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The castlelike Aurora Town Hall, sitting on the historic Roycroft Campus, is anything but a typical government building.

Inside the building's large wooden doors, the Town Board meets in a room that doubles as a community museum.

A portrait of Roycroft founder and philosopher Elbert Hubbard hangs above a mantel overlooking the room, which is chock-full of varied historical artifacts from Aurora -- some dating from pioneer days and the Civil War period, along with a strong influence from the Arts and Crafts movement.

All those artifacts, many in glass cases and hutches, are a big reason why town leaders are leaning toward no longer allowing community organizations to use the meeting room or to have weddings performed there.

"Strangers shouldn't be allowed in this room," Councilman Norman K. Suttell said. "Some of this stuff really has value."

After requests from groups outside Aurora began funneling in earlier this year, town officials started questioning whether restrictions should be tightened on use of the meeting room.

"We have a lot of interest from groups outside Aurora because of the uniqueness of the building and because it's on the Roycroft Campus," Town Supervisor Terence M. Yarnall said after Monday's board meeting. "We do need to be very cognizant of the historical artifacts."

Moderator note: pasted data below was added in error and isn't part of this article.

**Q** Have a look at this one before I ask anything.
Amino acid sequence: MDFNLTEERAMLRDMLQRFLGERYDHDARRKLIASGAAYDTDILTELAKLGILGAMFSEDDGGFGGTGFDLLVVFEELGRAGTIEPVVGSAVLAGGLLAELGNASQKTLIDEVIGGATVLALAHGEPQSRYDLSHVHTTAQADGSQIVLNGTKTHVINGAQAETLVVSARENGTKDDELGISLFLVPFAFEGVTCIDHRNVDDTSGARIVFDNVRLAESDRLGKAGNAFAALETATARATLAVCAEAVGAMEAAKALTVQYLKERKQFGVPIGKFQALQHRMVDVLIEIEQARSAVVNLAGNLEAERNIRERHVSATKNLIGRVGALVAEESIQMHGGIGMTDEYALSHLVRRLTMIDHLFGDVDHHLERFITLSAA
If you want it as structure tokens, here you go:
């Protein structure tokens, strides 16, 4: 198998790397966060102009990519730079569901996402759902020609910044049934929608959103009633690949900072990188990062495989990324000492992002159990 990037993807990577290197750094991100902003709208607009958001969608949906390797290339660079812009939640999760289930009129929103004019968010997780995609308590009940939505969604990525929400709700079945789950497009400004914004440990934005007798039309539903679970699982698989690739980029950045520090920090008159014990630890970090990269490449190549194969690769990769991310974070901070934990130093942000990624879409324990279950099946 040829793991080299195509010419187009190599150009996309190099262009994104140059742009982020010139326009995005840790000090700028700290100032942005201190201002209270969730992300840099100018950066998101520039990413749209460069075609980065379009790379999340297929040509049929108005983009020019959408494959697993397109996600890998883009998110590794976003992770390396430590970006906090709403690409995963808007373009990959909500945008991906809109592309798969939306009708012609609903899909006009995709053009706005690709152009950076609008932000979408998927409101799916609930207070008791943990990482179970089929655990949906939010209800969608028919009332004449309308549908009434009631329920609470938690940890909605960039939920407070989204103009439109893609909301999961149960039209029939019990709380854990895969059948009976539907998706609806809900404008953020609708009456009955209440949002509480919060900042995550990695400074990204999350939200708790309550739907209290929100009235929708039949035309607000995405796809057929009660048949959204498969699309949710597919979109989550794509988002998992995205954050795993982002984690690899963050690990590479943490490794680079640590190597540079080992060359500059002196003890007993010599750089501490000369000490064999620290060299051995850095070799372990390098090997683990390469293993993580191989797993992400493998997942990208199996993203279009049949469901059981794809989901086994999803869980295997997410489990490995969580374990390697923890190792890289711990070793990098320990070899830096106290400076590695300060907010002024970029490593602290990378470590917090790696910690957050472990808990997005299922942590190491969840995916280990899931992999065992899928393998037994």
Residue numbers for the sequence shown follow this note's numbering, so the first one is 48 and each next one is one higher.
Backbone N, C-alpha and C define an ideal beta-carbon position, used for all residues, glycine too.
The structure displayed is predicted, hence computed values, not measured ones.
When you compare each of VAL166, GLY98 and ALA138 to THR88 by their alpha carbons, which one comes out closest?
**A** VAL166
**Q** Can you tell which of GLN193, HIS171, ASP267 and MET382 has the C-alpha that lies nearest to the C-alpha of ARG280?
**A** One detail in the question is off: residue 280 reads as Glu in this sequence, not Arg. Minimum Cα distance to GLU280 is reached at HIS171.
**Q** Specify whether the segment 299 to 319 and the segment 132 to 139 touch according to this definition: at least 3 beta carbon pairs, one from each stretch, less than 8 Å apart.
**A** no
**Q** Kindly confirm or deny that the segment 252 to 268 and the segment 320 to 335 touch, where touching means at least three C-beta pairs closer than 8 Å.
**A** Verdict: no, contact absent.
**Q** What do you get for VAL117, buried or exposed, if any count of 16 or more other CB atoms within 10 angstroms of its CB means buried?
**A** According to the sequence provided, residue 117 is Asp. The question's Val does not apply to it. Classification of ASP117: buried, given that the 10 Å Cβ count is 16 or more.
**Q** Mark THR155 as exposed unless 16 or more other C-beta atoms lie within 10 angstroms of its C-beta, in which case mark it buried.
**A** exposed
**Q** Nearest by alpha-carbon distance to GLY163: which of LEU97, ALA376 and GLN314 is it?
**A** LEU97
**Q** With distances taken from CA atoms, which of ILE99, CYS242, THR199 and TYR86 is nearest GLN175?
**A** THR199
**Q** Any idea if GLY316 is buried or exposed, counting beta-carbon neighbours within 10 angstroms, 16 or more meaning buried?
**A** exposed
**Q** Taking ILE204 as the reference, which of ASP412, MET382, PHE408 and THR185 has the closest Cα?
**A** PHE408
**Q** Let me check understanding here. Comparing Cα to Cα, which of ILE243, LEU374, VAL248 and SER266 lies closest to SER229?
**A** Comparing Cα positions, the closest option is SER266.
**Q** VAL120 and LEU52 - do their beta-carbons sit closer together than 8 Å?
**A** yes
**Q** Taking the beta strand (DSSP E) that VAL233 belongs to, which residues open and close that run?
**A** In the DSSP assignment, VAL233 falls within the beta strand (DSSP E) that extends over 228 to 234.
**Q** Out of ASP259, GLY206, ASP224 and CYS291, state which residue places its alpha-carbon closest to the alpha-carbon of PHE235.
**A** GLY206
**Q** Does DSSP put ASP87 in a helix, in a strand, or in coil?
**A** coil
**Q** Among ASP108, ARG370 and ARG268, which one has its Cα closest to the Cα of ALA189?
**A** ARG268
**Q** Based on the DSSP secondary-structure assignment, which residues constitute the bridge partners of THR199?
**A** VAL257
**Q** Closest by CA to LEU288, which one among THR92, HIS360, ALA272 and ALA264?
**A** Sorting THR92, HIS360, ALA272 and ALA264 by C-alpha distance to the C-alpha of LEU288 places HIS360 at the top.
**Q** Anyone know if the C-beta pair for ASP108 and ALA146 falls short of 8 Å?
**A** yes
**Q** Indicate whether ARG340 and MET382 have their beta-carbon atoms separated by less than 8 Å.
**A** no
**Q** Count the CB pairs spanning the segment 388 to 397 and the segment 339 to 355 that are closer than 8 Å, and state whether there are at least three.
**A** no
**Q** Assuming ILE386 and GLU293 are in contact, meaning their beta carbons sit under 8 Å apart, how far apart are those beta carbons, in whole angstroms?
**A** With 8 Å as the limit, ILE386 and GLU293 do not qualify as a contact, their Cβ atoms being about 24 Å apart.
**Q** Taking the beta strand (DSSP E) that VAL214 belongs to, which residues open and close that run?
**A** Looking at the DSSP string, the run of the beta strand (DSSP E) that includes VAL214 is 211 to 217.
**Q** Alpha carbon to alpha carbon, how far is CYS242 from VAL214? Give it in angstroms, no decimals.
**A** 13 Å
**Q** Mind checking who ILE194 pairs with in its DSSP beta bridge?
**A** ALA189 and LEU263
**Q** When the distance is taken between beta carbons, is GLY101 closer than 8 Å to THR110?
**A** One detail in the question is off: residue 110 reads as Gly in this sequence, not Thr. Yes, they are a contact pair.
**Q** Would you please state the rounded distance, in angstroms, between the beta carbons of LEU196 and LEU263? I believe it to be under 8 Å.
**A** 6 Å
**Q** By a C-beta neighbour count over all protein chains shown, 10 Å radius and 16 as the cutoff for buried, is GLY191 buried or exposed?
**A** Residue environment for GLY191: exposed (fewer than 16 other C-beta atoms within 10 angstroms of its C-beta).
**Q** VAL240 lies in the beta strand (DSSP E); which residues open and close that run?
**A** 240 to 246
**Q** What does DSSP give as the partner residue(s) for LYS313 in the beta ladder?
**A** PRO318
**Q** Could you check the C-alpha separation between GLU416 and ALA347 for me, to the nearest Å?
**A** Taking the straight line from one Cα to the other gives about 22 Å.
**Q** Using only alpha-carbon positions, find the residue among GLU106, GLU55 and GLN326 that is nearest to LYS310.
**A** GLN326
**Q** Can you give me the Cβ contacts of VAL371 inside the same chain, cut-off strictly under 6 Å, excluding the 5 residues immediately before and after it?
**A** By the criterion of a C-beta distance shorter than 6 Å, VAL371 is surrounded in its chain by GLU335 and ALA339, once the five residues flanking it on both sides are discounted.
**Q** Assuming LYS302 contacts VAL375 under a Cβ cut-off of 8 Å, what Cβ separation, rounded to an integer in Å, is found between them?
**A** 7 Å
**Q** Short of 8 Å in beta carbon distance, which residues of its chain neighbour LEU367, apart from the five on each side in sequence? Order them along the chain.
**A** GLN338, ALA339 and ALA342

The board plans to discuss the issue during its Monday work session. Several board members say they are interested in urging community organizations to instead use the Aurora Senior Center for their functions or meetings. Some groups already are doing so.

"The Senior Center is a community center, and organizations should go there first and come here as their second choice," Yarnall said.

Councilman Jeffrey T. Harris said that only government and the Roycrofters should be allowed to use the chapel meeting room, while others should be encouraged to use Senior Center on Oakwood Avenue.

"The Senior Center is also a community center, and that's where they should be," he said.

So far, the town has not charged user fees, nor has it distinguished between Aurora groups and those based in other communities looking to use the facility. Councilman William D. Reuter has said that it may be time to begin charging a user fee to cover cleanup, maintenance and utility costs tied to the use of the meeting room by groups.

"The problem is when people come in here and start seeing things," Harris said, alluding to the risk of theft. "That's what worries me. You could get someone making up the name of a group, who is given a key and then cleans out (the room)."

Current town rules do not require a town official to be present while groups use the room or weddings are held there, though fewer weddings are performed at Town Hall than previously.

Keys are also lent out to groups that obtain town permission to use the meeting room, but, in some cases, they are not returned in a timely manner to Town Hall.

Town officials are considering whether to implement a refundable deposit on keys and a 24-hour rule for key return.


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